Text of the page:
The U.S. House of Representatives could vote before Christmas on articles of impeachment for President Donald J. Trump. House Speaker Nancy Pelosi said Thursday announced that the House will begin drafting those articles of impeachment.
The House investigation has focused on what it claims to be a months-long campaign by the Trump administration and Trump’s personal lawyer Rudy Giuliani to withhold Congressionally allocated funds earmarked for Ukraine’s self-defense against Russian aggression unless the Ukrainian government promised to investigate alleged corruption by former Vice President Joe Biden, who remains a front-runner for the Democratic presidential nomination, and his son Hunter Biden.
If the House votes to impeach the president, he would go on trial in the U.S. Senate, where a two-thirds majority would have to vote to convict to remove Trump from office.
Fires, flooding, droughts, heat devastate regions around the world
Climate change flares across international news this week, as the World Meteorological Organization released its annual climate report. 2018 projections for irreversible climate change to the world said we had 12 years. Then in July 2019, BBC reported there was only 18 months to save the planet.
Photo by Chris Gallagher on Unsplash
Now, things are heating up even more as California and the Amazon is consumed by devastating wildfires, desolating droughts burden Southwestern United States, sweltering heat waves overtakes Greenland and destructive flooding engulf regions in Europe and Asia.
Season after season, climate change accelerates across the world, creating disastrous human and financial costs.
“Things are getting worse,” said Petteri Taalas, secretary general of the World Meteorological Organization, which on Tuesday issued its annual state of the global climate report, concluding a decade of what it called exceptional global heat. “It’s more urgent than ever to proceed with mitigation.”
While activists like Greta Thunberg combat climate change across the world by speaking with world leaders, greenhouse gases emissions continue to increase, increasing concern for how much longer the world has to slow climate change before it’s irreversible.
Denuclearization talks between the two countries have stalled in recent months at the same time that North Korea has resumed conducting short-range ballistic missile tests. Officials there have said the U.S. is trying to use the promise of peace talks as a domestic political ploy.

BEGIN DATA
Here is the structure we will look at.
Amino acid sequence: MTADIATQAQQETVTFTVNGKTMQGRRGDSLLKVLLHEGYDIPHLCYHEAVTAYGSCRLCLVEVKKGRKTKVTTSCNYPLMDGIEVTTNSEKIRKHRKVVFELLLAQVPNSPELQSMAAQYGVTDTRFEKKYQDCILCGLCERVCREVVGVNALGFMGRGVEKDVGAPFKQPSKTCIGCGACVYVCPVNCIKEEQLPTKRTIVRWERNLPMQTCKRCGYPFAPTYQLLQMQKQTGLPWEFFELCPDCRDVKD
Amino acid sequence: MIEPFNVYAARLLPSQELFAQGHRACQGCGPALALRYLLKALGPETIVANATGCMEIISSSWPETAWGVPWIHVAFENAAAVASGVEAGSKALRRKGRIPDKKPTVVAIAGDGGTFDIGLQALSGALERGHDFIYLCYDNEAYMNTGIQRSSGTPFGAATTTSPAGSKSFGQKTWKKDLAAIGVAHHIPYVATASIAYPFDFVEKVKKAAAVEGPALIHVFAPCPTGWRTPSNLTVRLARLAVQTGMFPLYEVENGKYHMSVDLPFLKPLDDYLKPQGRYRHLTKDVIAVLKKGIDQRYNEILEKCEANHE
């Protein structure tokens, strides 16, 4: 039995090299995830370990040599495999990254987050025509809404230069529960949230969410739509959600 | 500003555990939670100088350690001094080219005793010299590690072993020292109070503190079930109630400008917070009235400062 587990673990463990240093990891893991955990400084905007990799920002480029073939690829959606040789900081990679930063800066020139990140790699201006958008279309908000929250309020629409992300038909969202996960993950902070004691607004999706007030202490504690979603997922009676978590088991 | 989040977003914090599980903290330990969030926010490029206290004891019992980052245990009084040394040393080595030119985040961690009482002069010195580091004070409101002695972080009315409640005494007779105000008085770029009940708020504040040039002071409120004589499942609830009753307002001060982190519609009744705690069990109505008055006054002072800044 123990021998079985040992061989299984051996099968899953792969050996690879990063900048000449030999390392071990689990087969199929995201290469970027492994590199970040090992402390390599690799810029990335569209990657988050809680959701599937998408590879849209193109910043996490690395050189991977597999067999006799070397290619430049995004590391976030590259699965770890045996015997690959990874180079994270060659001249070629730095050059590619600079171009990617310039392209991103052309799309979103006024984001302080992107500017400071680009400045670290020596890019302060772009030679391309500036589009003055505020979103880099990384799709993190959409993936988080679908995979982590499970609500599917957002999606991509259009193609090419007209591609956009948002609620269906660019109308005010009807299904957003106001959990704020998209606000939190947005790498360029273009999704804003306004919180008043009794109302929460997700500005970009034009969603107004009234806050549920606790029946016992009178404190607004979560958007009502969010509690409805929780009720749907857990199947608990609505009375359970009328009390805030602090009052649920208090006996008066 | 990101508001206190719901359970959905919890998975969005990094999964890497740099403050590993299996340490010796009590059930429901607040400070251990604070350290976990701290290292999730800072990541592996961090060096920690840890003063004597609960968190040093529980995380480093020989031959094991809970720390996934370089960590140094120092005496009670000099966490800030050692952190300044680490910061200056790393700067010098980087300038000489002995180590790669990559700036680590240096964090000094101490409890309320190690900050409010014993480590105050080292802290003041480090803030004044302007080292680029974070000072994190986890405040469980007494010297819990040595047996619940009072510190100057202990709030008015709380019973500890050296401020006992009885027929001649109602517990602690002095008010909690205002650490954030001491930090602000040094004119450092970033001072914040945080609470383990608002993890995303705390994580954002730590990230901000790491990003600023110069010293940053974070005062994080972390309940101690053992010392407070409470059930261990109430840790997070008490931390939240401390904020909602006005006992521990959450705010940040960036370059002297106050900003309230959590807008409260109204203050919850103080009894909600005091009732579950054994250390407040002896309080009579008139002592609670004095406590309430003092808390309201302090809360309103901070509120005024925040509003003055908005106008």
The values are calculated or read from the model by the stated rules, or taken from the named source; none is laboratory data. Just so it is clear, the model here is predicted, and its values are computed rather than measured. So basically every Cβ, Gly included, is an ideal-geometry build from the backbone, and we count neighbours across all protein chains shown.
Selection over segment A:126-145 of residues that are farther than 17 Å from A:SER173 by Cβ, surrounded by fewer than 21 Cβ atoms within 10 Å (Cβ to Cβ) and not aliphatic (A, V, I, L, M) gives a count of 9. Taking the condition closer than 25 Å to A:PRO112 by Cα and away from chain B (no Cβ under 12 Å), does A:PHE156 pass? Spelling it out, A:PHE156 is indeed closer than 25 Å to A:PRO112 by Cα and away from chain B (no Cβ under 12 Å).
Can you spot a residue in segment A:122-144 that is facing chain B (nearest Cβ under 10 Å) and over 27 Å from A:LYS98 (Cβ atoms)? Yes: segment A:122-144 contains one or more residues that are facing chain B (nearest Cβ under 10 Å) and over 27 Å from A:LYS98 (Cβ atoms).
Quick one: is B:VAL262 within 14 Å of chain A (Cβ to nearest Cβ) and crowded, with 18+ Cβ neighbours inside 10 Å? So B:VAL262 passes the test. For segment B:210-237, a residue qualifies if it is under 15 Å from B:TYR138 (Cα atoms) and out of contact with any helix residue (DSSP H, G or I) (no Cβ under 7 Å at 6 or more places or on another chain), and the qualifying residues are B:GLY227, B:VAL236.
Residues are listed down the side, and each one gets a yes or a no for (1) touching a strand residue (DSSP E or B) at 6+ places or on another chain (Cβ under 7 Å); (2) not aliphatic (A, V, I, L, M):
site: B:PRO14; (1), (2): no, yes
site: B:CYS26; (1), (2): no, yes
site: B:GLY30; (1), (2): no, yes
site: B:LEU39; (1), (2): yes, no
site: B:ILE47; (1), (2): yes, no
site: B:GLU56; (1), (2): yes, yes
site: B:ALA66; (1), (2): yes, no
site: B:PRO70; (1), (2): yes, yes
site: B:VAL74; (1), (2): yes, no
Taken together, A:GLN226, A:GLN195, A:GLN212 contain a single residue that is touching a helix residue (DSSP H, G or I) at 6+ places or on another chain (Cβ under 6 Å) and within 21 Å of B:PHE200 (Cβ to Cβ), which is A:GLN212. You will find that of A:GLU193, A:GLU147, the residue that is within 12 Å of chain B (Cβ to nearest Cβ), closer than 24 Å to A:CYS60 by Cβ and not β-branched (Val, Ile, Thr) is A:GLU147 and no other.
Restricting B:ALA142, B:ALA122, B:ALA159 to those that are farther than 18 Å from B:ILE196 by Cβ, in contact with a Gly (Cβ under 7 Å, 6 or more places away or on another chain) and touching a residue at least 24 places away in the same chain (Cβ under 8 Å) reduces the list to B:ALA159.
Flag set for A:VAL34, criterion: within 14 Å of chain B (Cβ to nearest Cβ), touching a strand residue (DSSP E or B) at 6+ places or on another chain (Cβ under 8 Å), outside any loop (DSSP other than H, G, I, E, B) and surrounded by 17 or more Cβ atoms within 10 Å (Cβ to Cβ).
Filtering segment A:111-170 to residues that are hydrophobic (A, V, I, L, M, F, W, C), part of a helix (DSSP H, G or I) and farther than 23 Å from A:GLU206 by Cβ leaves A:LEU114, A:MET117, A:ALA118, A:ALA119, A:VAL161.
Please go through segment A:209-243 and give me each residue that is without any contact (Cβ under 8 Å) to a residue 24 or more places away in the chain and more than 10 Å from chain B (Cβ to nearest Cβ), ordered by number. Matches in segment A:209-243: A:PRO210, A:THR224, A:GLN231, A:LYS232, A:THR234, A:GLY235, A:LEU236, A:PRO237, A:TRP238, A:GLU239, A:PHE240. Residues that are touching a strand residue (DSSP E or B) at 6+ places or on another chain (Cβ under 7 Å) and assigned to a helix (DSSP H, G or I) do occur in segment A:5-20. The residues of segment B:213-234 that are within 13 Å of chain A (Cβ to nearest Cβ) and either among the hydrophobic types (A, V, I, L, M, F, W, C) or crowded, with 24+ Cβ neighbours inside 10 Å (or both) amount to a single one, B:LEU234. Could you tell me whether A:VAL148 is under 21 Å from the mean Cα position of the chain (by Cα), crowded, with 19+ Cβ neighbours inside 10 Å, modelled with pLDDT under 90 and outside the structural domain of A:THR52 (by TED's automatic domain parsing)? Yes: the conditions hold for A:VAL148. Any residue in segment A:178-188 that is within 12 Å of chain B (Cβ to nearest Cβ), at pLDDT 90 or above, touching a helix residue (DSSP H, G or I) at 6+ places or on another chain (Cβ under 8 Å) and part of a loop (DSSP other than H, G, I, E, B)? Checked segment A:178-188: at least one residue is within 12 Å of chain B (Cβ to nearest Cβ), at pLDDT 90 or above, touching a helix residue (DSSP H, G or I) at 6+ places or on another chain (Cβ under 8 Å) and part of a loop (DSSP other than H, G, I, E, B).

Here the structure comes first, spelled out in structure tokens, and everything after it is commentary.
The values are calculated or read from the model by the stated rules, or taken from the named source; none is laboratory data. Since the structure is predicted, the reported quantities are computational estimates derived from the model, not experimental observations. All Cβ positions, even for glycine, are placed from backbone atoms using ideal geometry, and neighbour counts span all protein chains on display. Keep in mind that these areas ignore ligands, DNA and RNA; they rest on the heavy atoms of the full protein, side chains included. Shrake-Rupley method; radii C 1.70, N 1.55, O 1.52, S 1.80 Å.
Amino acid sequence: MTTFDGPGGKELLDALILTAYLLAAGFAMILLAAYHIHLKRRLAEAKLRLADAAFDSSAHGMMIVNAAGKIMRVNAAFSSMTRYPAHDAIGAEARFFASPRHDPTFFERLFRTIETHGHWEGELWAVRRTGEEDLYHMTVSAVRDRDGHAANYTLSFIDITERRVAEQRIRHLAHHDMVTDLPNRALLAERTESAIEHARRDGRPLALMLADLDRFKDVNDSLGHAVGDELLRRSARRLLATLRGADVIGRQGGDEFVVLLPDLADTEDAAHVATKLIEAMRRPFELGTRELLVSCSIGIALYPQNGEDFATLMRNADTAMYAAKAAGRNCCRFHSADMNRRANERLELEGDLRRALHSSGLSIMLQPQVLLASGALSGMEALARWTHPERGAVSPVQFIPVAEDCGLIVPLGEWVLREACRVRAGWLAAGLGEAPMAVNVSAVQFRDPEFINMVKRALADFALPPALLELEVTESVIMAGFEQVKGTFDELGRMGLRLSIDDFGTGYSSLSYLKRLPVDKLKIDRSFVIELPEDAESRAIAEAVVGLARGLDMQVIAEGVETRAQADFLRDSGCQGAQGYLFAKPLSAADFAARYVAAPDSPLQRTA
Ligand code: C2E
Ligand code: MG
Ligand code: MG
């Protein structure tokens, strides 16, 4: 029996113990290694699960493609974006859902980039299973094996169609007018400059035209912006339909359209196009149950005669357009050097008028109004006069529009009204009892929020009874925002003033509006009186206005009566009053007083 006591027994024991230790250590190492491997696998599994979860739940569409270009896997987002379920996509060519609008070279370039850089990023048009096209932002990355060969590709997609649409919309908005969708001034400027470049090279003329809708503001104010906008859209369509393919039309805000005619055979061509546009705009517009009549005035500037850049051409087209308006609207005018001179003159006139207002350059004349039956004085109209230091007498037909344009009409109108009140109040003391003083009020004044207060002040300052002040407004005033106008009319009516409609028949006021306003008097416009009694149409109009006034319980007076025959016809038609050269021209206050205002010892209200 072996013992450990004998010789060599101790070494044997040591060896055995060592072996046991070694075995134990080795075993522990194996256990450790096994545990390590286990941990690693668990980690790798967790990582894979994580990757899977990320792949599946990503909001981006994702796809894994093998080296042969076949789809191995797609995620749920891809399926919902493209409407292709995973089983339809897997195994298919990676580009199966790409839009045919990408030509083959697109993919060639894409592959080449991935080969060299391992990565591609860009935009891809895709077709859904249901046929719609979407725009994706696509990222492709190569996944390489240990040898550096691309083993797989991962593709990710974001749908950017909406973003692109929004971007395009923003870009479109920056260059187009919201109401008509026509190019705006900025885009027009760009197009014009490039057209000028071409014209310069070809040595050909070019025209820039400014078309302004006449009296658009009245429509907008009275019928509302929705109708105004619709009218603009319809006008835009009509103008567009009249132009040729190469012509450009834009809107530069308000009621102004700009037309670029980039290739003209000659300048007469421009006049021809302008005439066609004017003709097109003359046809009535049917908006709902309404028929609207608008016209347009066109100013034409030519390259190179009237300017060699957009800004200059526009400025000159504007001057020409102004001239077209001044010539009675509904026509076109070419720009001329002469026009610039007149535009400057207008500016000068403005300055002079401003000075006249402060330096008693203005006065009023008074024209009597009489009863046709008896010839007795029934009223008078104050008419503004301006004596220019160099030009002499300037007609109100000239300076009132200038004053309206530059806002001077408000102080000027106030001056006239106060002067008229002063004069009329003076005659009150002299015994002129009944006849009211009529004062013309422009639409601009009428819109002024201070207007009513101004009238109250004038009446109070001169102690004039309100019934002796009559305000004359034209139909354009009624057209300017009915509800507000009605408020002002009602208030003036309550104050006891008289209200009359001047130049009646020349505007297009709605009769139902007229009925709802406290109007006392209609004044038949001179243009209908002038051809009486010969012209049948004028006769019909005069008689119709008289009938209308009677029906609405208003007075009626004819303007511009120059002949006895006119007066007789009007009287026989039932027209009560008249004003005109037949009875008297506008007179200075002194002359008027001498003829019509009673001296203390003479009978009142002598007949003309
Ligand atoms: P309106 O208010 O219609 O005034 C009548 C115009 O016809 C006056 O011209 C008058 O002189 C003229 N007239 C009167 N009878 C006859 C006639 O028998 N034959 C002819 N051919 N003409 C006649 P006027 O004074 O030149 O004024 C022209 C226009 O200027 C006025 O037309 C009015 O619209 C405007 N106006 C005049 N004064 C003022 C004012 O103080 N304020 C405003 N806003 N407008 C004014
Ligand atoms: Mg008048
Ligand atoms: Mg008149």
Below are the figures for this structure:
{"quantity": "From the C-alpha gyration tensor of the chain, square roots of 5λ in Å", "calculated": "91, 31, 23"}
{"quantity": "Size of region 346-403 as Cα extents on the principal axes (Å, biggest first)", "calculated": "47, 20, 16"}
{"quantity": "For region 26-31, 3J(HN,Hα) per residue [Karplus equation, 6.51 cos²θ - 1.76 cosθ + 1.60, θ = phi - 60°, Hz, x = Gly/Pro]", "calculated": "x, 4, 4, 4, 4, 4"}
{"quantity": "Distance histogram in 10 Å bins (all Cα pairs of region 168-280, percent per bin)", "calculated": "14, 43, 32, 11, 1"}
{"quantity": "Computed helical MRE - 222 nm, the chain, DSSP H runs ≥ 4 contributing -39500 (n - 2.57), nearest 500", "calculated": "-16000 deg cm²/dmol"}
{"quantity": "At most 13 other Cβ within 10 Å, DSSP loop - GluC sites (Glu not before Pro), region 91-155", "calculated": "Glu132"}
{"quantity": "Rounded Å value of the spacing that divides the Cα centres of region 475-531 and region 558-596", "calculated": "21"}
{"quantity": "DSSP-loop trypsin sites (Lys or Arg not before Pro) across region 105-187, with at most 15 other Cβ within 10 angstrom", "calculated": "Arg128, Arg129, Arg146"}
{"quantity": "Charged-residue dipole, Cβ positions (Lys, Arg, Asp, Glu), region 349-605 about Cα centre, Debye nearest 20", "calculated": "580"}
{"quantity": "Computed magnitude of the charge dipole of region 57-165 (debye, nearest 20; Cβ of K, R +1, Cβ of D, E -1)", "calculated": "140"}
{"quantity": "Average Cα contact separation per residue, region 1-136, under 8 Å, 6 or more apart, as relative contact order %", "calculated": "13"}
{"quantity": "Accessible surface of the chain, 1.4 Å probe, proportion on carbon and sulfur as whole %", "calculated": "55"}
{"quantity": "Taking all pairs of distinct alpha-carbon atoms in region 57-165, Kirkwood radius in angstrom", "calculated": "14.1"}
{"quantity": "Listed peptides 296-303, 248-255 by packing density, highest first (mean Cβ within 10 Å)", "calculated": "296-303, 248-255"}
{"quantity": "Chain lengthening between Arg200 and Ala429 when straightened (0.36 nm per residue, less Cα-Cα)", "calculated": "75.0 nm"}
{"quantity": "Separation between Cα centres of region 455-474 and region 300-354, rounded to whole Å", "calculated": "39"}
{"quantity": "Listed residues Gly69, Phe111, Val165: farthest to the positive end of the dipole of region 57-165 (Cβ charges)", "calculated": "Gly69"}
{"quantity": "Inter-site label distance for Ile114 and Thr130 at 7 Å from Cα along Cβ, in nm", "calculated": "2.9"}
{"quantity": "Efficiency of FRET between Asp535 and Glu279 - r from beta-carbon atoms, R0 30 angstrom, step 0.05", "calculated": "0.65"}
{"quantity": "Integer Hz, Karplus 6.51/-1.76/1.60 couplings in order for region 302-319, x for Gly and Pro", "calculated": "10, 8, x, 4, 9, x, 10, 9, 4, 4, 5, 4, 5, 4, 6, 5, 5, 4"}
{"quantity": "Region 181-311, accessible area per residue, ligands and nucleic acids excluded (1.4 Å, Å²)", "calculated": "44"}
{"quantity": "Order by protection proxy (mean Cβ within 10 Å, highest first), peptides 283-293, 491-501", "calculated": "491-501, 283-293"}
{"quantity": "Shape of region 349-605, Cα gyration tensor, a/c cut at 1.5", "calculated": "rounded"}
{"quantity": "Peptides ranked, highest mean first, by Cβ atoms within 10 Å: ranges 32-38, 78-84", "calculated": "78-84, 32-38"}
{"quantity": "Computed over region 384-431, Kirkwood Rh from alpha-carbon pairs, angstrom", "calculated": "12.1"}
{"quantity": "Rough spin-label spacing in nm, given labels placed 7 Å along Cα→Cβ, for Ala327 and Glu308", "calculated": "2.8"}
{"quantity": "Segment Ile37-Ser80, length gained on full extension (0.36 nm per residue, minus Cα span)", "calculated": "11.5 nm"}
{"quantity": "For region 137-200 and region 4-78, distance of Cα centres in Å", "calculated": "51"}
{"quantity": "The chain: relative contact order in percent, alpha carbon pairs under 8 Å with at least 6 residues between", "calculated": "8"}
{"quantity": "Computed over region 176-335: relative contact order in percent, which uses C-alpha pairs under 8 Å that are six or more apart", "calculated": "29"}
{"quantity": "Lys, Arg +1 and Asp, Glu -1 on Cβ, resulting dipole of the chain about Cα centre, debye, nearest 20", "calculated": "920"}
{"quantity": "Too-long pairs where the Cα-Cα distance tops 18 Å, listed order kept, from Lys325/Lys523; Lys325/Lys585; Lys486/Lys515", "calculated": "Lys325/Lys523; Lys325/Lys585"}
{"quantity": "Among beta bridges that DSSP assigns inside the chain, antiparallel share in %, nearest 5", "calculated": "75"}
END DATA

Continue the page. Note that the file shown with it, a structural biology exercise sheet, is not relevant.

“The dialogue touted by the U.S. is, in essence, nothing but a foolish trick hatched to keep (North Korea) bound to dialogue and use it in favor of the political situation and election in the U.S.,” a North Korean government spokesperson said. “It is entirely up to the US what Christmas gift it will select to get.”
It’s An Honor
Donate to the Q&S Scholarship Fund
Invest in promoting positive and responsible journalism by contributing to the Q&S Scholarship Fund. #GivingTuesday ended Dec. 3, but you can still donate to the Quill and Scroll Scholarship Fund and support student journalists and high school journalism teachers.
Whether you donate $10 or $10,000, your support will help students and teachers around the world receive the resources to further quality journalistic work that informs the public.
All the money donated to Quill and Scroll supports students and advisers through our scholarship programs. High school seniors who have placed in our contests or have been inducted into the society can earn a scholarship to study journalism in college. Advisers can use Q&S scholarships to pursue continuing education in journalism. You can read more about those scholarships here.
Yearbook Excellence Contest winners TBA
We will announce all winners in the 2019 Yearbook Excellence Contest in the Scroll for Dec. 13. So check back here.
2020 WRITING, PHOTO AND MULTIMEDIA CONTEST OPEN FOR ENTRY!